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Benefits Of Preserving Old-Growth Forests And The Spotted Owl

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  • DANIEL A. HAQEN
  • JAMES W. VINCENT
  • PATRICK G. WELLE

Abstract

This paper presents results from a national contingent-valuation study of the economic benefits of preserving old-growth forests in the Pacific Northwest. The study elicits "market-like" valuation responses from U.S. households concerning the benefits of a conservation policy for the northern spotted owl. These data provide a basis for estimating the benefits of preservation in terms of average household willingness to pay. Existing cost estimates are used to compute threshold prices that the benefits of the policy must exceed for the policy to be efficient. Benefit/cost ratios are calculated using "best" and "lower-bound" estimates of the benefits of preservation. Under all combinations of assumptions, the estimated benefits exceed the costs of the conservation policy. Copyright 1992 Western Economic Association International.

Suggested Citation

  • Daniel A. Haqen & James W. Vincent & Patrick G. Welle, 1992. "Benefits Of Preserving Old-Growth Forests And The Spotted Owl," Contemporary Economic Policy, Western Economic Association International, vol. 10(2), pages 13-26, April.
  • Handle: RePEc:bla:coecpo:v:10:y:1992:i:2:p:13-26
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    Cited by:

    1. Howarth, Richard B. & Farber, Stephen, 2002. "Accounting for the value of ecosystem services," Ecological Economics, Elsevier, vol. 41(3), pages 421-429, June.
    2. Wilson, Jeffrey J. & Lantz, Van A. & MacLean, David A., 2010. "A benefit-cost analysis of establishing protected natural areas in New Brunswick, Canada," Forest Policy and Economics, Elsevier, vol. 12(2), pages 94-103, February.
    3. Hjerpe, Evan & Hussain, Anwar & Phillips, Spencer, 2015. "Valuing type and scope of ecosystem conservation: A meta-analysis," Journal of Forest Economics, Elsevier, vol. 21(1), pages 32-50.
    4. Rose, Steven K. & Chapman, Duane, 2003. "Timber harvest adjacency economies, hunting, species protection, and old growth value: seeking the dynamic optimum," Ecological Economics, Elsevier, vol. 44(2-3), pages 325-344, March.
    5. Grijalva, Therese & Berrens, Robert P. & Shaw, W. Douglass, 2011. "Species preservation versus development: An experimental investigation under uncertainty," Ecological Economics, Elsevier, vol. 70(5), pages 995-1005, March.
    6. Kosz, Michael, 1996. "Valuing riverside wetlands: the case of the "Donau-Auen" national park," Ecological Economics, Elsevier, vol. 16(2), pages 109-127, February.
    7. Khajuria, Rajendra Prasad & Laaksonen-Craig, Susanna & Kant, Shashi, 2008. "A marginal cost analysis of trade-offs in old-growth preservation in Ontario," Forest Policy and Economics, Elsevier, vol. 10(5), pages 326-335, April.
    8. Moore, Christopher C. & Holmes, Thomas P. & Bell, Kathleen P., 2011. "An attribute-based approach to contingent valuation of forest protection programs," Journal of Forest Economics, Elsevier, vol. 17(1), pages 35-52, January.
    9. Brouwer, Roy & van Beukering, Pieter & Sultanian, Elena, 2008. "The impact of the bird flu on public willingness to pay for the protection of migratory birds," Ecological Economics, Elsevier, vol. 64(3), pages 575-585, January.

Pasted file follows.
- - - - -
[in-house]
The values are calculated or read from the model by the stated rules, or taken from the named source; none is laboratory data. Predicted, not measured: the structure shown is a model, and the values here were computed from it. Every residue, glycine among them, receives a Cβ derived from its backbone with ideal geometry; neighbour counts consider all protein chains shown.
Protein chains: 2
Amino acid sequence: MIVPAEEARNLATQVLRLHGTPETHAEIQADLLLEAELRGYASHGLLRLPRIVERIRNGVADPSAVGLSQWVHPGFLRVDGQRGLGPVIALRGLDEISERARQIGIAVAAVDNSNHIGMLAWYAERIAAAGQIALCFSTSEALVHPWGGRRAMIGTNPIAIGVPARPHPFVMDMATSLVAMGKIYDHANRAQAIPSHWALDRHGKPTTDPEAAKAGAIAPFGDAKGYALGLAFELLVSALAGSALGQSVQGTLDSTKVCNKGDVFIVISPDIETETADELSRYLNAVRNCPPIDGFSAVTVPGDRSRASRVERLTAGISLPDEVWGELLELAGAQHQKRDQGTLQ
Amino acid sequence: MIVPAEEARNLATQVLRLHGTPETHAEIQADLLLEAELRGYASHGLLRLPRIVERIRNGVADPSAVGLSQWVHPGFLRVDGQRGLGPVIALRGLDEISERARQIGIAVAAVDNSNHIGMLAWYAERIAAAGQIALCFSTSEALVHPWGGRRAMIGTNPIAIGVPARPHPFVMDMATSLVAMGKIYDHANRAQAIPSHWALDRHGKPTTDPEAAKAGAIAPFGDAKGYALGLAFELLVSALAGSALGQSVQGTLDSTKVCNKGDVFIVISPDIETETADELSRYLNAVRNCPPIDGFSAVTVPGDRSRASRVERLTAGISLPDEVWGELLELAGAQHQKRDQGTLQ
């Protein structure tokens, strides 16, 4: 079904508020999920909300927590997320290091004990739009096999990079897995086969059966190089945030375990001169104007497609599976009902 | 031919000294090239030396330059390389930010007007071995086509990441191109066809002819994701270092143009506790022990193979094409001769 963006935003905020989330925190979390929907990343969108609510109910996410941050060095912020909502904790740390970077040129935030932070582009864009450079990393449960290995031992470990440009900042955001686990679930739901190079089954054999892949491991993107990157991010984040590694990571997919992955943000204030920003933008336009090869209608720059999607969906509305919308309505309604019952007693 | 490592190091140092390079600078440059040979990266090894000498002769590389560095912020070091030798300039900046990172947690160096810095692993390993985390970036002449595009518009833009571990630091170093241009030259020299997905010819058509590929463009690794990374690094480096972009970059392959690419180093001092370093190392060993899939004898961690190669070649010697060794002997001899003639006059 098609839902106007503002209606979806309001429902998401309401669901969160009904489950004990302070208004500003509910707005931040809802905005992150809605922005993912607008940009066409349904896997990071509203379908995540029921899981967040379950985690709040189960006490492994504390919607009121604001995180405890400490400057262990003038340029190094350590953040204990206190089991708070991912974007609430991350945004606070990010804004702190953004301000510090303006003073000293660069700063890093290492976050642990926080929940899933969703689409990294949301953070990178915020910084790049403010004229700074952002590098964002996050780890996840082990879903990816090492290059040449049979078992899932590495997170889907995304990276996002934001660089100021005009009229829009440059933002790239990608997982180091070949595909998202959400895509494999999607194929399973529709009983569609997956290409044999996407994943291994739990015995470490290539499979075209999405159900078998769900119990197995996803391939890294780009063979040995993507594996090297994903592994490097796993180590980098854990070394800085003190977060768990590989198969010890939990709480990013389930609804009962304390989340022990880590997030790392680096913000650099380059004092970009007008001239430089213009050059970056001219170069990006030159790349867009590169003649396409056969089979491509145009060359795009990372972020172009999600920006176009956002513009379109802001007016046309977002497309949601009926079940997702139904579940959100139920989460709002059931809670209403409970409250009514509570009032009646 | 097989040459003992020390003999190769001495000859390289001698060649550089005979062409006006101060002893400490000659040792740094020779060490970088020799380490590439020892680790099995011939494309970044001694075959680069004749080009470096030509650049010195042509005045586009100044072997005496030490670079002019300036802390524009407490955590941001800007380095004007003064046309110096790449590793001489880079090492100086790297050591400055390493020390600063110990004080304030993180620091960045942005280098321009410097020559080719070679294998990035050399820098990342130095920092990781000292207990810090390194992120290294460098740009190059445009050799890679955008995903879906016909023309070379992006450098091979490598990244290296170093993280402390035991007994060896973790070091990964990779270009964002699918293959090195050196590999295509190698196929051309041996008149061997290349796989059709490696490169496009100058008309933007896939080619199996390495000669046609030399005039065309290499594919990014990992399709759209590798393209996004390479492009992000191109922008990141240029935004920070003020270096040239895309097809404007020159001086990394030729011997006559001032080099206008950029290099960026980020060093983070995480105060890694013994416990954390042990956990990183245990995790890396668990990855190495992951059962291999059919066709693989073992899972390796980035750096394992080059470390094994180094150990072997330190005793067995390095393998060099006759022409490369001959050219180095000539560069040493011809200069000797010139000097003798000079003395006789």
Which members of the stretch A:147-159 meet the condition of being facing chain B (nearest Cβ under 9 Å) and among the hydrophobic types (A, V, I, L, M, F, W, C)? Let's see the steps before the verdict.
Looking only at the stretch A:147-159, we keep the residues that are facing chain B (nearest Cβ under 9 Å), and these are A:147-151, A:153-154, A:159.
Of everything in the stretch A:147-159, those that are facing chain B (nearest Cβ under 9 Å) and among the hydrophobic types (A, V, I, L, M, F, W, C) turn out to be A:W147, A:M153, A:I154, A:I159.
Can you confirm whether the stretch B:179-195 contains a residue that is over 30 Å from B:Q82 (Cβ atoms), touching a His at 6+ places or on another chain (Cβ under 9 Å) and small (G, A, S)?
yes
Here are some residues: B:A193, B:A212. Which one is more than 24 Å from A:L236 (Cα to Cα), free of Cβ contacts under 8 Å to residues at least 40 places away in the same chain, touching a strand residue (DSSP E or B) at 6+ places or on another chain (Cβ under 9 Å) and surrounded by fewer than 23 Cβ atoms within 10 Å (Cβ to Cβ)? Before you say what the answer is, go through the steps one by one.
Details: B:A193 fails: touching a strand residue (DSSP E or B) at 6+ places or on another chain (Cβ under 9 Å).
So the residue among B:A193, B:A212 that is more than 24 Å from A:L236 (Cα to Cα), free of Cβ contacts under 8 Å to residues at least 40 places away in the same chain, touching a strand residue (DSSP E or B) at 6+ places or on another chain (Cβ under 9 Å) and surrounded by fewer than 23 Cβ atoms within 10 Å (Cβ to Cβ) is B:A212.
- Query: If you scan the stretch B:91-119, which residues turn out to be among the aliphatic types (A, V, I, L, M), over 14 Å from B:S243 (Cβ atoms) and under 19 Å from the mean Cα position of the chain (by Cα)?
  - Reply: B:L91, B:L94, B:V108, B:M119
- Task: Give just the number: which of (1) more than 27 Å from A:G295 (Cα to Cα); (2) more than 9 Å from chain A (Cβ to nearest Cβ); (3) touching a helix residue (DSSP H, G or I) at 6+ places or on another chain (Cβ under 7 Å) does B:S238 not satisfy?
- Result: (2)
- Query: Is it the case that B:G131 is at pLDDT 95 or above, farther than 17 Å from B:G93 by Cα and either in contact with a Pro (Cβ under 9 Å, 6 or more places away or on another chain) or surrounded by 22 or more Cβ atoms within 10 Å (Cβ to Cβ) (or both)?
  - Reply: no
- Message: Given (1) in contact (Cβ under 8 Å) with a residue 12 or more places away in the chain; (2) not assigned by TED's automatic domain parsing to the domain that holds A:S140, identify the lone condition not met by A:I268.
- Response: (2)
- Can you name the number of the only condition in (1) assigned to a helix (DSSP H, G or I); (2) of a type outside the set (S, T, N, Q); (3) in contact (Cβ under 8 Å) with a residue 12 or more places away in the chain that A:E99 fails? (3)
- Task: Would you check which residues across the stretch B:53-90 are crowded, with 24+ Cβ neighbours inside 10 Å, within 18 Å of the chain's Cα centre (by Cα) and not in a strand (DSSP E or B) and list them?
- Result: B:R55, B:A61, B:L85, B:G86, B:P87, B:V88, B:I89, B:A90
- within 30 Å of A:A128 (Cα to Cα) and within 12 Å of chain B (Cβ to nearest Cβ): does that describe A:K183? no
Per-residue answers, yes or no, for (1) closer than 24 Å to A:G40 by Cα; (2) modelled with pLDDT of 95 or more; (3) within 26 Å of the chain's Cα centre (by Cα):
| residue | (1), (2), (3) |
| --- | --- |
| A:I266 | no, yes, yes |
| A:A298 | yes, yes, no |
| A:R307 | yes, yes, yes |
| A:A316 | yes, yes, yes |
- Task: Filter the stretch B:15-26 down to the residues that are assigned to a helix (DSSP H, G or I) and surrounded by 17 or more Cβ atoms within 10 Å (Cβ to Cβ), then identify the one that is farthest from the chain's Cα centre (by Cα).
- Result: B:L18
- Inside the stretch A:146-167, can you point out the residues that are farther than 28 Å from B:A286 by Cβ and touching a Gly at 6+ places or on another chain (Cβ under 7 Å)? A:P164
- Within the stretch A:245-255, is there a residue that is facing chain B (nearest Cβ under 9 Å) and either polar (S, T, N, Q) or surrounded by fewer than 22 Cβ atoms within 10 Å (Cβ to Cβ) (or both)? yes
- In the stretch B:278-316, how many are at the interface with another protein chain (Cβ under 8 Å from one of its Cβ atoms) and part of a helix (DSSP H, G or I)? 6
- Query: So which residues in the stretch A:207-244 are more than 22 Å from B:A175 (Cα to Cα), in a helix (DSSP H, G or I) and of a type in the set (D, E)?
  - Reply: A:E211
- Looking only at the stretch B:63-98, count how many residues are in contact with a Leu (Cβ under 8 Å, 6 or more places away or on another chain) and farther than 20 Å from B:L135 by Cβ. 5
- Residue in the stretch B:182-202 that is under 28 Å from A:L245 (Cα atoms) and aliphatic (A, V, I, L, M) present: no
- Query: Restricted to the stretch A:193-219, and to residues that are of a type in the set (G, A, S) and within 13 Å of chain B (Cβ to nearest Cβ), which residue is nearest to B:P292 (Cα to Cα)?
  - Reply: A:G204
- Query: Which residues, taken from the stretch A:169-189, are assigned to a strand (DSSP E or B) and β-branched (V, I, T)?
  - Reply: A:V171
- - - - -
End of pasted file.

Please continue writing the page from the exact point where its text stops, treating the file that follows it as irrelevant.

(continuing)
10. Kristin Jakobsson & Andrew Dragun, 2001. "The Worth of a Possum: Valuing Species with the Contingent Valuation Method," Environmental & Resource Economics, Springer;European Association of Environmental and Resource Economists, vol. 19(3), pages 211-227, July.
    11. Richardson, Leslie & Loomis, John, 2009. "The total economic value of threatened, endangered and rare species: An updated meta-analysis," Ecological Economics, Elsevier, vol. 68(5), pages 1535-1548, March.
    12. Richard Yao & Pamela Kaval, 2008. "Valuing Biodiversity Enhancement in New Zealand," Working Papers in Economics 08/07, University of Waikato.
    13. Daniel McKenney, 1998. "Resource Economists Should Do More Cost Analysis and Less Benefit Analysis," Working Papers in Ecological Economics 9801, Australian National University, Centre for Resource and Environmental Studies, Ecological Economics Program.
    14. N. Wear, David & Murray, Brian C., 2004. "Federal timber restrictions, interregional spillovers, and the impact on US softwood markets," Journal of Environmental Economics and Management, Elsevier, vol. 47(2), pages 307-330, March.
    15. Lakhani, Raksha & Doluweera, Ganesh & Bergerson, Joule, 2014. "Internalizing land use impacts for life cycle cost analysis of energy systems: A case of California’s photovoltaic implementation," Applied Energy, Elsevier, vol. 116(C), pages 253-259.
    16. Kniivilä, Matleena & Ovaskainen, Ville & Saastamoinen, Olli & Kniivilä, Matleena, 2002. "Costs and benefits of forest conservation: regional and local comparisons in Eastern Finland," Journal of Forest Economics, Elsevier, vol. 8(2), pages 131-150.
    17. Göran Bostedt, 1999. "Threatened Species as Public Goods and Public Bads," Environmental & Resource Economics, Springer;European Association of Environmental and Resource Economists, vol. 13(1), pages 59-73, January.
    18. Jin, Jianjun & Wang, Zhishi & Liu, Xuemin, 2008. "Valuing black-faced spoonbill conservation in Macao: A policy and contingent valuation study," Ecological Economics, Elsevier, vol. 68(1-2), pages 328-335, December.
    19. Loomis, John B. & White, Douglas S., 1996. "Economic benefits of rare and endangered species: summary and meta-analysis," Ecological Economics, Elsevier, vol. 18(3), pages 197-206, September.
    20. Baerenklau, Kenneth A. & González-Cabán, Armando & Paez, Catrina & Chavez, Edgar, 2010. "Spatial allocation of forest recreation value," Journal of Forest Economics, Elsevier, vol. 16(2), pages 113-126, April.

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